Cover of: Social and economic causes of cancer | Jeffrey E. Harris Read Online

Social and economic causes of cancer

  • 260 Want to read
  • ·
  • 28 Currently reading

Published by Dept. of Economics, Massachusetts Institute of Technology in Cambridge, Mass .
Written in English

Book details:

Edition Notes

StatementJeffrey E. Harris
SeriesWorking paper / Dept. of Economics -- no. 460, Working paper (Massachusetts Institute of Technology. Dept. of Economics) -- no. 460.
ContributionsMassachusetts Institute of Technology. Dept. of Economics
The Physical Object
Pagination56 p. ;
Number of Pages56
ID Numbers
Open LibraryOL24629827M

Download Social and economic causes of cancer


  This book examines the interaction of economics and the delivery of cancer care in the global context. It analyses the causes of tension between those paying for care, those providing the care and those marketing drugs and devices. The concept and requirement for rationing is examined in different economic by: Cancer is most important causes of death worldwide, breast and prostate cancer are two of the majority widespread malignancies, and causing social and financial burden to the patients. As per the stats about 10 million new cases are diagnosed and over 6 million deaths happen worldwide per annum, not including non-melanoma skin cancer [ 16 ].Author: Vairakannu Tamizhazhagan, Kannaiyan Pugazhendy.   Cancer is the second most common cause of death in the US, exceeded only by heart disease. Cancer costs us billions of dollars. It also costs us the people we love. Reducing barriers to cancer care is critical in the fight to eliminate suffering and death due to cancer. We have a lot more information that you might find helpful. The Social Cancer, original title Noli me tangere, novel by Filipino political activist and author José Rizal, published in The book, written in Spanish, is a sweeping and passionate unmasking of the brutality and corruption of Spanish rule in the Philippines (–).. The story begins at a party to welcome Crisóstomo Ibarra back to the Philippines after seven years of studying in.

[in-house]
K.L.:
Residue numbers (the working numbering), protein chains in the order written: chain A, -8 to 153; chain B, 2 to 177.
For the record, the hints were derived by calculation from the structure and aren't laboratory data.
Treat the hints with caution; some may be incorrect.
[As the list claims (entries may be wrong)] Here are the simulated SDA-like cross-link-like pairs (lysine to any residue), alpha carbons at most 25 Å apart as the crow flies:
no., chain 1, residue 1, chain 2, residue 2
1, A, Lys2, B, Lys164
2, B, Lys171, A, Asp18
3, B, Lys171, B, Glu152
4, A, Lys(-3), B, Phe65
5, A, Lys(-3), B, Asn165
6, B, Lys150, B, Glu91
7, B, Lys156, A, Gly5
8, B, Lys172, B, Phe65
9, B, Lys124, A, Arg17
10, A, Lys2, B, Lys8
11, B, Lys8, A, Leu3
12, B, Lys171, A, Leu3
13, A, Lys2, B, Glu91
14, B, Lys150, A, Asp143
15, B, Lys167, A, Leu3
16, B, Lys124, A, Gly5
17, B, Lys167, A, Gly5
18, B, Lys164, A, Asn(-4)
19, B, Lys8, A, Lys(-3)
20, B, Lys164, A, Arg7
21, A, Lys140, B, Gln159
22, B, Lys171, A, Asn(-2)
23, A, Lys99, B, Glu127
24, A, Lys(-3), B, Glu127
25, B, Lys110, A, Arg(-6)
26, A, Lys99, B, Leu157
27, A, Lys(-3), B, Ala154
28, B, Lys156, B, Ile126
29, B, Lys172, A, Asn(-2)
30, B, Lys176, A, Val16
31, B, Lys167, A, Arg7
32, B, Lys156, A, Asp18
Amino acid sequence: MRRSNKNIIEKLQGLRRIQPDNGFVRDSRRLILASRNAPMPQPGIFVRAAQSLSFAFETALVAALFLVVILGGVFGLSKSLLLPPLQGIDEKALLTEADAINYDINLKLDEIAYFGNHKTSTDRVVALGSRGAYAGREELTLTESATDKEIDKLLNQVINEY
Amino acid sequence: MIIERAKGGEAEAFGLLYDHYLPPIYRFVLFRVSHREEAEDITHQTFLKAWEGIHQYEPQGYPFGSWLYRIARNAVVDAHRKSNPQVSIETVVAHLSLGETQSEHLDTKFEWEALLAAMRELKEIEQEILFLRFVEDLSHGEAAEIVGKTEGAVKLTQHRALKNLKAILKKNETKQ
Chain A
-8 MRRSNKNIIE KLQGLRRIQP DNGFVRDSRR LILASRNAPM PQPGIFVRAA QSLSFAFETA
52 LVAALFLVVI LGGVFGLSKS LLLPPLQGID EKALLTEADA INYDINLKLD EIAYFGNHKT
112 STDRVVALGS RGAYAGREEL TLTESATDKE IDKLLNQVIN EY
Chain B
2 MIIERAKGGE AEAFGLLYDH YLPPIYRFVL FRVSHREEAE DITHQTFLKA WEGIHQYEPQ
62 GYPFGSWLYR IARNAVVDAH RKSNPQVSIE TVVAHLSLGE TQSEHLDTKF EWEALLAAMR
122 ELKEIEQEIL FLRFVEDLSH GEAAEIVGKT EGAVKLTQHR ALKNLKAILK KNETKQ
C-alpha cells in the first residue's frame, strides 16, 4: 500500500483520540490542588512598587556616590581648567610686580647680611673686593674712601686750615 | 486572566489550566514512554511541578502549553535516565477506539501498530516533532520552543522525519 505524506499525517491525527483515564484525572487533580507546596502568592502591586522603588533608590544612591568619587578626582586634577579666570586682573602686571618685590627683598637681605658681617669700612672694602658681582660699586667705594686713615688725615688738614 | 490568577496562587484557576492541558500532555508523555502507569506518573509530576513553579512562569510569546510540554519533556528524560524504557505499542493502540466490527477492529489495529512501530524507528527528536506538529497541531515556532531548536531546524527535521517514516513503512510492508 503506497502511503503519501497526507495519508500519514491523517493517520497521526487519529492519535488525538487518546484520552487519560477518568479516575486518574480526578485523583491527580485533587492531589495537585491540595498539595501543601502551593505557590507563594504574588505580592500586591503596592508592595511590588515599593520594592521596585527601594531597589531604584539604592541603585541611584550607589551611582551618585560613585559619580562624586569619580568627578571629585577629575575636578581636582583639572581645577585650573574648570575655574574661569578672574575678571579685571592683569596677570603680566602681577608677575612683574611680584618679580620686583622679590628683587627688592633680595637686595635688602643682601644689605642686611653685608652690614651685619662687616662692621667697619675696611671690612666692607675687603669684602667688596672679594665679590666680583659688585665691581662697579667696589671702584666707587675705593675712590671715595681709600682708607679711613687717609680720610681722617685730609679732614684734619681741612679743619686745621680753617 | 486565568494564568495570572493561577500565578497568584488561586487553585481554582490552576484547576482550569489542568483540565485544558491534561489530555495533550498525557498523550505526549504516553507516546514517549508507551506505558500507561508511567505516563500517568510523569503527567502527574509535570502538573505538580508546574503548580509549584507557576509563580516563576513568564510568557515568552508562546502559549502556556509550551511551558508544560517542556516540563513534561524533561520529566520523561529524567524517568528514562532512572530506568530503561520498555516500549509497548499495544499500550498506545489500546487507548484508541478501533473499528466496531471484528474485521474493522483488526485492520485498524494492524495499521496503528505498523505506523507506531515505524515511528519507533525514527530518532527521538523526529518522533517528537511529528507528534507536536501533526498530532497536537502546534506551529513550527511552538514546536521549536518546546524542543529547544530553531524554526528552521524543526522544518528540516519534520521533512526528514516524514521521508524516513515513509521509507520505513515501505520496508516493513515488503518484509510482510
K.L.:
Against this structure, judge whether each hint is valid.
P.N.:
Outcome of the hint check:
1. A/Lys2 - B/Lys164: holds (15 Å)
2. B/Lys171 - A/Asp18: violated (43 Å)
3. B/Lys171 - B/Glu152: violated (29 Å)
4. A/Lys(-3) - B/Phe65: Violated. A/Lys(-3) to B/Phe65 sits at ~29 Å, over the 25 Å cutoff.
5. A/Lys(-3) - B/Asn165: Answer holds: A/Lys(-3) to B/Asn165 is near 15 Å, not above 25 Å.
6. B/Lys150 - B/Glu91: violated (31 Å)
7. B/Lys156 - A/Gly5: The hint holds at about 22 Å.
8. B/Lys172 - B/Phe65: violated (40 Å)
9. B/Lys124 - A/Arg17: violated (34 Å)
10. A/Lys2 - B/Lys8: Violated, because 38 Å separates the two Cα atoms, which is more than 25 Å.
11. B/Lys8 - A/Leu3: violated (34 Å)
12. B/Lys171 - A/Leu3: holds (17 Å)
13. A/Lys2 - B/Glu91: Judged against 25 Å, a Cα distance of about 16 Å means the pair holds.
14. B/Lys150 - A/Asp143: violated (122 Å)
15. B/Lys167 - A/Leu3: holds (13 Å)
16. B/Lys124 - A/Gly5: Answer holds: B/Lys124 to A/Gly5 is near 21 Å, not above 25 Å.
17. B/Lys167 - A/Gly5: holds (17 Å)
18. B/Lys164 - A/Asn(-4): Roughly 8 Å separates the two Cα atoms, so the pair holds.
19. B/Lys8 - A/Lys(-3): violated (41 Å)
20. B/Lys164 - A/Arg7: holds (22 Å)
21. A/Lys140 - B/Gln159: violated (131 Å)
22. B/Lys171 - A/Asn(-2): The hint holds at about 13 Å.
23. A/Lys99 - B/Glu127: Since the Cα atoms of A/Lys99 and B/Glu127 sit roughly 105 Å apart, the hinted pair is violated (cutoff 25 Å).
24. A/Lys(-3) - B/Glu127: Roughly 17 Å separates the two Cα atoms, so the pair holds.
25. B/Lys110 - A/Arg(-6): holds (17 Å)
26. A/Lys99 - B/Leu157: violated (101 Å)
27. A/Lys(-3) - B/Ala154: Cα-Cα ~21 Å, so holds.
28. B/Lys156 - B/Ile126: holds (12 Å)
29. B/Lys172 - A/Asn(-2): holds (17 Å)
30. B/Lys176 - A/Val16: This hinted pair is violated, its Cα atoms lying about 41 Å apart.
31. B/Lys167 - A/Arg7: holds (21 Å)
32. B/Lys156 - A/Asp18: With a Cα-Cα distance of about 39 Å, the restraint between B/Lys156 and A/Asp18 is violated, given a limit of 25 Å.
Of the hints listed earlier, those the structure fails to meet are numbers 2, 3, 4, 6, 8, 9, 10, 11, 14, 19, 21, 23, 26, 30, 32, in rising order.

City of Hope's Vijay Trisal, M.D., shares insight on the social, psychological and financial impact of cancer. The economic burden of cancer is substantial in all countries and reflects health care spending as well as lost productivity due to morbidity and premature death from cancer. As cancer treatment costs increase, prevention and early detection efforts become more cost-effective, and potentially cost-saving. However, the extent of economic analysis of cancer is relatively modest in the UK, with little sustained funding and few centres of expertise. Its impact on cancer research, clinical practice and government policy has therefore been limited. Thus far economic research has been hampered by a lack of data linking the processes, outcomes and costs. It also says social deprivation is linked to lung and cervical cancer, “because people from poorer classes are more likely to smoke and to skip smear tests”. The story is based on a study that compares socioeconomic-specific incidence rates of breast, skin, lung and cervical cancer diagnosed between and in England.

  To understand disparities in cancer incidence and outcome, there is a need to understand the circumstances in which cancer occurs. Poverty (low economic status), culture, and social injustice are believed to be the three principle determinants of cancer disparities. These factors are interrelated and, to some extent, superimposed. A family history of certain cancers can be a sign of a possible inherited cancer syndrome. (See the Hereditary Cancer Syndromes section for more information about inherited genetic mutations that can cause cancer.) Most cancer risk (and protective) factors are initially identified in epidemiology studies. This analysis “represents the largest study to date to address ethnic differences in survival for melanoma while accounting for disparities in treatment and social and economic factors, Zell said.   a landmark study of the economic cost of all causes of death globally, including cancer and other noncommunicable and communicable diseases. Cancer is the world’s leading cause of death, followed by heart disease and stroke. This critical new joint report, authored by Dr. Rijo John and Dr.